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I am curious about something.

A respected developer suggested using "return clone $this" instead of simply using "return $this" and he ended up leaving the open source project for a while and never answered my "why?" question so I am curious if there is ANY benefit to it.

So as an example in a normal chainable method we might have something like this:

function setProperty($arg) {
    this->property = $arg;
    return $this;
 }

His example was more like this:

function setProperty($arg) {
     this->property = $arg;
     return clone $this;
}

My impression was that he was wrong for this because all it would do is make a copy of the object at each step that would be inaccessible.

So if we used his method and say had something like this...

class foo {
     public $value;
     function setA($arg) {
        $this->value = $arg;
        return clone $this;
     }

     function setB($arg) {
         $this->value = $arg;
         return clone $this;
     }

     function setB($arg) {
         $this->value = $arg;
         return clone $this;
     }

     function print() {
         print $this->value;
     }
}

And we had a line like this($obj is an instance of class foo):

$obj->setA('a')->setB('b')->setC('c')->print();

This should end up printing c regardless if done with the clone $this or just plain $this.

However...

$obj->setA('a')->setB('b')->setC('c');
$obj->print();

should print a since only the first step would change the original object. The second step would change a cloned object from the first step and the third step would be changing the object passed to it from the second step.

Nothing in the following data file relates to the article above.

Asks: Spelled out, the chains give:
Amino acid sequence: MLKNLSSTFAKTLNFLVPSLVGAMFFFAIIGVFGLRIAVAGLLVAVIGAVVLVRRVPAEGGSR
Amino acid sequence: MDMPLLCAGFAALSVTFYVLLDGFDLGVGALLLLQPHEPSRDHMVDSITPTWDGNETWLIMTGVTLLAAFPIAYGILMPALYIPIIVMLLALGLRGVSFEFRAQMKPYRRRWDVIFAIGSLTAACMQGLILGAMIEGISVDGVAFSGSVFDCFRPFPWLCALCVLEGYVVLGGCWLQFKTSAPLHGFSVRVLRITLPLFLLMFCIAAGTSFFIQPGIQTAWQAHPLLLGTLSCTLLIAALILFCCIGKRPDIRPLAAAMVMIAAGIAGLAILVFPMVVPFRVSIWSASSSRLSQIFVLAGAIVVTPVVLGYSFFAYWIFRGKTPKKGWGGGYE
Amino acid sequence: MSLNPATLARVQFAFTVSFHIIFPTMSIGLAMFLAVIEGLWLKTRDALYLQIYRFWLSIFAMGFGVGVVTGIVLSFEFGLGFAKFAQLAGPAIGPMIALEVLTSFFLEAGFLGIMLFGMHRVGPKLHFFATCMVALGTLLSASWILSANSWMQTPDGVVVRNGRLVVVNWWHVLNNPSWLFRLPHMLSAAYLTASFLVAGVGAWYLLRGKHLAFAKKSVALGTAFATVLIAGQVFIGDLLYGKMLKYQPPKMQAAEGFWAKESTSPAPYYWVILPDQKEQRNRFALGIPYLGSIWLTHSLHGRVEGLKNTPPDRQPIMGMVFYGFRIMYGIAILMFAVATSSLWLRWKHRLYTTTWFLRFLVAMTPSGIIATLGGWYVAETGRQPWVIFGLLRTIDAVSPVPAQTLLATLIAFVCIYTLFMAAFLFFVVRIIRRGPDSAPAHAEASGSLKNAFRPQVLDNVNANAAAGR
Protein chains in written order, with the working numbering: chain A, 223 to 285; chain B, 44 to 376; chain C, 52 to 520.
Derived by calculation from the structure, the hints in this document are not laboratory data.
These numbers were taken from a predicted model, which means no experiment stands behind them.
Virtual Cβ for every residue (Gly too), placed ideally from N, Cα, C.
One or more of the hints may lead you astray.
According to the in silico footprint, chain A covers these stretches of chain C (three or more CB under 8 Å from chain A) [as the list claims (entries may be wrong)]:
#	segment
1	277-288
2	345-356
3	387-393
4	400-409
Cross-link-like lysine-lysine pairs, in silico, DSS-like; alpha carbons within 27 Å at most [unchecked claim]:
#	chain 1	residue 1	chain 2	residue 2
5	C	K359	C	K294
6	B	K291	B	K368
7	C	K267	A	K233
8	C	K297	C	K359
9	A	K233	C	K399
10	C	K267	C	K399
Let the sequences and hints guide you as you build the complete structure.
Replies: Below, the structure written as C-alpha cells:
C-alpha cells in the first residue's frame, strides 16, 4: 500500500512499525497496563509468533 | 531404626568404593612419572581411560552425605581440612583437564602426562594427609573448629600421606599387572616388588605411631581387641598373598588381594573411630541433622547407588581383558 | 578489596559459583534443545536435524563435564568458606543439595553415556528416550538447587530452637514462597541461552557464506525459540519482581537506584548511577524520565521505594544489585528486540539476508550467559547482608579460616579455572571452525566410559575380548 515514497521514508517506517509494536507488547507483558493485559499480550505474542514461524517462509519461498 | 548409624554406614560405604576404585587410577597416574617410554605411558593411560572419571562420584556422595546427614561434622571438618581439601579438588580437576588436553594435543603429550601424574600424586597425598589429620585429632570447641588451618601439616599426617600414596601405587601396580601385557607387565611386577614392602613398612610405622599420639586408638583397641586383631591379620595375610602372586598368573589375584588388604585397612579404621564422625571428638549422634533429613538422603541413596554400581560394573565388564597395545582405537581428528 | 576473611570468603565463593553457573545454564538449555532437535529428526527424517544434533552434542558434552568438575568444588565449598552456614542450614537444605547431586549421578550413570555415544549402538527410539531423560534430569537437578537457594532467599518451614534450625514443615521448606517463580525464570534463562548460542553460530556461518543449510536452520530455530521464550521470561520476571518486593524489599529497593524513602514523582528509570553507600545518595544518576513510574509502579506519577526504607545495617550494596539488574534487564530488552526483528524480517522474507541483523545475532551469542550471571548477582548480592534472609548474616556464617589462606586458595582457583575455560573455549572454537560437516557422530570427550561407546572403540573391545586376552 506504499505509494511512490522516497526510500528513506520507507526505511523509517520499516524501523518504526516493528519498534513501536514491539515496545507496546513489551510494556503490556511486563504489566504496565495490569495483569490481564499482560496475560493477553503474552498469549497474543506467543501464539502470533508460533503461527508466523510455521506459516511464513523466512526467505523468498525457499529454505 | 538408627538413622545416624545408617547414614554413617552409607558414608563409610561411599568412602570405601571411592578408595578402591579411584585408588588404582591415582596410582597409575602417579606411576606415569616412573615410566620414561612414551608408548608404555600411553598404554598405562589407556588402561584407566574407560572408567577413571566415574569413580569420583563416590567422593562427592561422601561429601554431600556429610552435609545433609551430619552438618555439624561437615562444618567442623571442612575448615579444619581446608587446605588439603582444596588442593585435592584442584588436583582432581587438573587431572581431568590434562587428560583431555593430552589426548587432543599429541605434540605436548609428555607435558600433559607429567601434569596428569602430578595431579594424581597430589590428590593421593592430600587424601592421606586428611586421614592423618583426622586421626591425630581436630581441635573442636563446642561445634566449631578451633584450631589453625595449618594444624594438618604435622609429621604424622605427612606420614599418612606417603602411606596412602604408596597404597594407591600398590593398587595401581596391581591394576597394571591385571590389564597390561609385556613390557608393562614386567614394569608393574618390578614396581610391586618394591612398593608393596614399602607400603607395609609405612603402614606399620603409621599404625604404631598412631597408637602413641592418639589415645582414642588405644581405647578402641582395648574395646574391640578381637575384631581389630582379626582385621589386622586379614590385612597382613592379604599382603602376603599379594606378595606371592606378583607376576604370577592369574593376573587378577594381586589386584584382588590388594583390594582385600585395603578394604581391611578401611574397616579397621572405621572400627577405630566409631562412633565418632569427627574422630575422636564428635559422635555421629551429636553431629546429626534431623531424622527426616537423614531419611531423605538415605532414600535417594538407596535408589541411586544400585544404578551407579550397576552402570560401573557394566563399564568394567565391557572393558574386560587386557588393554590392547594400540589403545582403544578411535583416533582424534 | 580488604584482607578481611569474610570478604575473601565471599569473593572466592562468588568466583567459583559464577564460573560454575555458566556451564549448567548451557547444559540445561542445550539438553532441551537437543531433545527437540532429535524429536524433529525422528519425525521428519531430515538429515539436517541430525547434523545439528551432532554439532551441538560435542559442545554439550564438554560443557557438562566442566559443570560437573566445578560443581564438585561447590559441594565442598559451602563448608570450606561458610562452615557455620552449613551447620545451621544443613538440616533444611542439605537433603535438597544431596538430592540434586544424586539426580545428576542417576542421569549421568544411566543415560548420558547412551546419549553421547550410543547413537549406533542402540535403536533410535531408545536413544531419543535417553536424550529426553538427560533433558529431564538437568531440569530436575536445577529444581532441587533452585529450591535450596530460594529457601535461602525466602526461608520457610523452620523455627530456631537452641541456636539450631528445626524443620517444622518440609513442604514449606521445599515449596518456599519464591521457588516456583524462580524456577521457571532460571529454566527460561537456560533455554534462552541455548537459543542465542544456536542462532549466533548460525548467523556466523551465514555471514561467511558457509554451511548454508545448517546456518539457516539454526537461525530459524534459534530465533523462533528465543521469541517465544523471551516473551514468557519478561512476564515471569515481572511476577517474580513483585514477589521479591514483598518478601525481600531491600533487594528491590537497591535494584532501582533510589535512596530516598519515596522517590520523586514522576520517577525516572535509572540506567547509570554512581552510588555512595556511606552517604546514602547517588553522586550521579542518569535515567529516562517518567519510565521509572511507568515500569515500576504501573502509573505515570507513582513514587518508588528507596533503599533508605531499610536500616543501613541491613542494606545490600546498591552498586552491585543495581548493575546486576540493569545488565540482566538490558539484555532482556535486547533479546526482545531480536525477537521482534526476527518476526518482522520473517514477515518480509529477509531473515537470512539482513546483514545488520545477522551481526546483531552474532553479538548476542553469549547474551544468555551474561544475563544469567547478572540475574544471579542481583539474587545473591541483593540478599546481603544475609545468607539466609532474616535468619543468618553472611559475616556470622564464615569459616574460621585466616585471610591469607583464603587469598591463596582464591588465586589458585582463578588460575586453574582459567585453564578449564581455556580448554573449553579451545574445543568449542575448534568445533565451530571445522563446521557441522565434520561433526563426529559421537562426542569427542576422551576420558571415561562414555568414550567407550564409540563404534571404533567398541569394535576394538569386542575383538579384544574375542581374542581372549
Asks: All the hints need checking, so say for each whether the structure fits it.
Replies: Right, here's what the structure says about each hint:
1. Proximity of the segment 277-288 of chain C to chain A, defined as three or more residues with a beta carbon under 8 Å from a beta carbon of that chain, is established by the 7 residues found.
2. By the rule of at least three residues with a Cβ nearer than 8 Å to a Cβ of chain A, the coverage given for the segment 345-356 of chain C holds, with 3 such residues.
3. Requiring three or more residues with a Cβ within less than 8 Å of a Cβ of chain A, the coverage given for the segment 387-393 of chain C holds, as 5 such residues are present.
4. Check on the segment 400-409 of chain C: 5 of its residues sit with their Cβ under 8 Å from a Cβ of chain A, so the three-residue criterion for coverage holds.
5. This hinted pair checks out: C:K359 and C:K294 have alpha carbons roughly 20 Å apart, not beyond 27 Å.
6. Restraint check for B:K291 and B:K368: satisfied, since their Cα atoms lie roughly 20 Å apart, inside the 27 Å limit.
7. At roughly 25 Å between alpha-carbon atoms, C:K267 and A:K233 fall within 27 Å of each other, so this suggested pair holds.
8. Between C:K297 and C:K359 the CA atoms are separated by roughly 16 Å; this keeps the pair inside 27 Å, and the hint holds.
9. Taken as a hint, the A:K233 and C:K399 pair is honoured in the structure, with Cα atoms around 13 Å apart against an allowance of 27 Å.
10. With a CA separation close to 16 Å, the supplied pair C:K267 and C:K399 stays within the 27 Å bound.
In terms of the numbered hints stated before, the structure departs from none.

but then again if you went with:

$obj = $obj->setA('a')->setB('b')->setC('c');
$obj->print();

I would believe this would print c in either method as well.

If we had declared $value as static originally then all of these different variations should print a c.

If I understand how this stuff all works I believe I am correct and see absolutely no benefit in using "return clone $this" as opposed to "return $this". Or am I missing something or am I totally wrong in my above assumptions?

Thanks!

Rodney

share|improve this question

I don't think you'd ever want to modify the state of the current object and then return a clone. Instead, you'd clone then modify. Example,

class Foo {
     private $value;

     function setValue($arg) {
        $clone = clone $this;
        $clone->value = $arg;
        return $clone;
     }

     function printValue() {
         echo $this->value.PHP_EOL;
     }
}

In this way your object becomes immutable.

Example usage:

$a = (new Foo)->setValue('a');
$b = $a->setValue('b');

$a->printValue();
$b->printValue();

This will print

a
b

This way $a isn't messed with when you "modify" $b.

share|improve this answer

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